Writer EL Doctorow, who wryly reimagined the American experience in such novels as “Ragtime” and “The March” and applied its lessons to the past and the future in fiction and nonfiction, has died.
He was 84.
He died yesterday at a New York hospital from complications of lung cancer, his son, Richard Doctorow, confirmed.
Considered one of the major authors of the 20th century, Doctorow enjoyed critical and popular success over his 50-year career.
He won the National Book Award for fiction in 1986 for “World’s Fair” and the National Book Critics Circle award in 1989 for “Billy Bathgate” and in 2005 for “The March.”
President Barack Obama praised Doctorow on Twitter as “one of America’s greatest novelists.” “His books taught me much, and he will be missed,” Obama wrote on his @POTUS account.
Besides Doctorow’s 10 novels, he published two books of short stories, a play called “Drinks Before Dinner” and numerous essays and articles.
“I don’t know what I set out to do,” Doctorow said in 2006 after the publication of “The March,” his acclaimed Civil War novel.
“Someone pointed out to me a couple of years ago that you could line them up and in effect now with this book, 150 years of American history. … And this was entirely unplanned.”
Edgar Lawrence Doctorow was born Jan. 6, 1931, in New York. He was named after Edgar Allan Poe, whom he often disparaged as America’s “greatest bad writer.” His father ran a music store, and his mother was a pianist.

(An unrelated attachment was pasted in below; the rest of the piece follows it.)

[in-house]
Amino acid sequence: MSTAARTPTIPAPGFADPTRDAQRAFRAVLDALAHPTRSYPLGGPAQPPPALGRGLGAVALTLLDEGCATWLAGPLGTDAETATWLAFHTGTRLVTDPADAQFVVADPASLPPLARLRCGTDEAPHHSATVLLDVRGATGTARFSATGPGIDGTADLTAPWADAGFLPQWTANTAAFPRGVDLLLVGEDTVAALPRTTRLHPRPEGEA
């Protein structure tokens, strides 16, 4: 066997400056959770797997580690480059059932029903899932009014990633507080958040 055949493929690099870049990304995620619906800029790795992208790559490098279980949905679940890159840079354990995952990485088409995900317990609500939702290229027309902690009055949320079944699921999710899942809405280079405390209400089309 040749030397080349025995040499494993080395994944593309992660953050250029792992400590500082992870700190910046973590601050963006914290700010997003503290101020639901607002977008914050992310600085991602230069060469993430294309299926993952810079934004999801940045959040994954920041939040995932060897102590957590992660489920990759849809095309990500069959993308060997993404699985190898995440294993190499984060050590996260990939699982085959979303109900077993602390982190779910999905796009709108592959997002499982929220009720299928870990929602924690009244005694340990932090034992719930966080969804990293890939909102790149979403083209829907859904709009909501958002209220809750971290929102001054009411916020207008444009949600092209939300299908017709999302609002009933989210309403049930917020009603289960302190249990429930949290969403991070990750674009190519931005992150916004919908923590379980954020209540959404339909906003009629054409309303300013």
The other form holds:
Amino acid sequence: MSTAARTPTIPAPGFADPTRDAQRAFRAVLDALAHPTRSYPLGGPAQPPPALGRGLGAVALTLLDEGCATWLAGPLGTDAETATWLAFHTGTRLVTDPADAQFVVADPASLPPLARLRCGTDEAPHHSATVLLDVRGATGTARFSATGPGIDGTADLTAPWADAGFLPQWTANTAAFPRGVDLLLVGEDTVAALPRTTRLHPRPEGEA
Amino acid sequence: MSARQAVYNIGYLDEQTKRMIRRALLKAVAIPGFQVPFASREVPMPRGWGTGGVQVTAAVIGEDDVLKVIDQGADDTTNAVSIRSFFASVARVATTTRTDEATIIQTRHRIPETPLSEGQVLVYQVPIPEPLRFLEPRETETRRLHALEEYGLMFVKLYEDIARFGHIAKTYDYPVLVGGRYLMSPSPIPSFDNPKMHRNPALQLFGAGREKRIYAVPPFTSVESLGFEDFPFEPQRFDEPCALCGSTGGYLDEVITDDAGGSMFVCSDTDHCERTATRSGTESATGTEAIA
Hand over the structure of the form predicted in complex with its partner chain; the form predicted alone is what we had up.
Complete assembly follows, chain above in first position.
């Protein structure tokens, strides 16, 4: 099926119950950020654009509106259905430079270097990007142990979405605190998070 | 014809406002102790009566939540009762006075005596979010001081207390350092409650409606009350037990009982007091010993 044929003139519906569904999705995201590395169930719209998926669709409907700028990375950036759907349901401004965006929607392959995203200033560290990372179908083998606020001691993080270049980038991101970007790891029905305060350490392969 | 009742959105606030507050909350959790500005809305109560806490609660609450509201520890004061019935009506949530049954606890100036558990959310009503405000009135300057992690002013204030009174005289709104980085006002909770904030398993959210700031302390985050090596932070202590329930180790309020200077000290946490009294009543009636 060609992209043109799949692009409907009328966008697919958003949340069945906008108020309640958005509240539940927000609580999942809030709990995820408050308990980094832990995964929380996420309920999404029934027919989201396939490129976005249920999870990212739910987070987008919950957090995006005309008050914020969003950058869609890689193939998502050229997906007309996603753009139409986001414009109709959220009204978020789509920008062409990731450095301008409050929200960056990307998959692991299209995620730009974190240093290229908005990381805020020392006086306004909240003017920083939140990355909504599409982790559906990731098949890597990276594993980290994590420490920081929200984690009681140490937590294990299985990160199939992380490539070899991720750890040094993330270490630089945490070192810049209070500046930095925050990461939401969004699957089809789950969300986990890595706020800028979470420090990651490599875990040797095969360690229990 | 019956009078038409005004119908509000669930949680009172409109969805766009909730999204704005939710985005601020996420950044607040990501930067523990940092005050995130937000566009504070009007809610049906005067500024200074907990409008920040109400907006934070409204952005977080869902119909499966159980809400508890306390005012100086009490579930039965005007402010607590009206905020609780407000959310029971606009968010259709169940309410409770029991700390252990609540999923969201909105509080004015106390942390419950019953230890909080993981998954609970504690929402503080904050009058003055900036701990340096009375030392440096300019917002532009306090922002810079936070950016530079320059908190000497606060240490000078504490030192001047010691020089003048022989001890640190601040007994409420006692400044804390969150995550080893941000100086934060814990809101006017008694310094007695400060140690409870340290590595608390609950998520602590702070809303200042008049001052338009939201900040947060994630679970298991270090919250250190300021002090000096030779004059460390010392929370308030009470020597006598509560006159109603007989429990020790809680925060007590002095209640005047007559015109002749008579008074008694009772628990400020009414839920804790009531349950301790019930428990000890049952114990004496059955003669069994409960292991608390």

As a youngster he read widely and decided he would become a writer at age 9.
“I began to ask two questions while I was reading a book that excited me,” he recalled. “Not only what was going to happen next but how is this done? How is it that these words on the page make me feel the way I’m feeling? This is the line of inquiry that I think happens in a child’s mind, without him even knowing he has aspirations as a writer.”
Doctorow graduated from the Bronx High School of Science and from Kenyon College in Gambier, Ohio. He attended graduate school at Columbia University but left without completing a doctorate. He also served in the US Army, stationed in Germany.
In the 1950s Doctorow worked as a script reader for Columbia Pictures, reading novels and summarizing them for possible film treatment. That job led him to his first novel,
“Welcome to Hard Times,” a Western published in 1960.
He spent a decade as a book editor at New American Library and then as editor in chief at Dial Press, working with such authors as Norman Mailer and James Baldwin.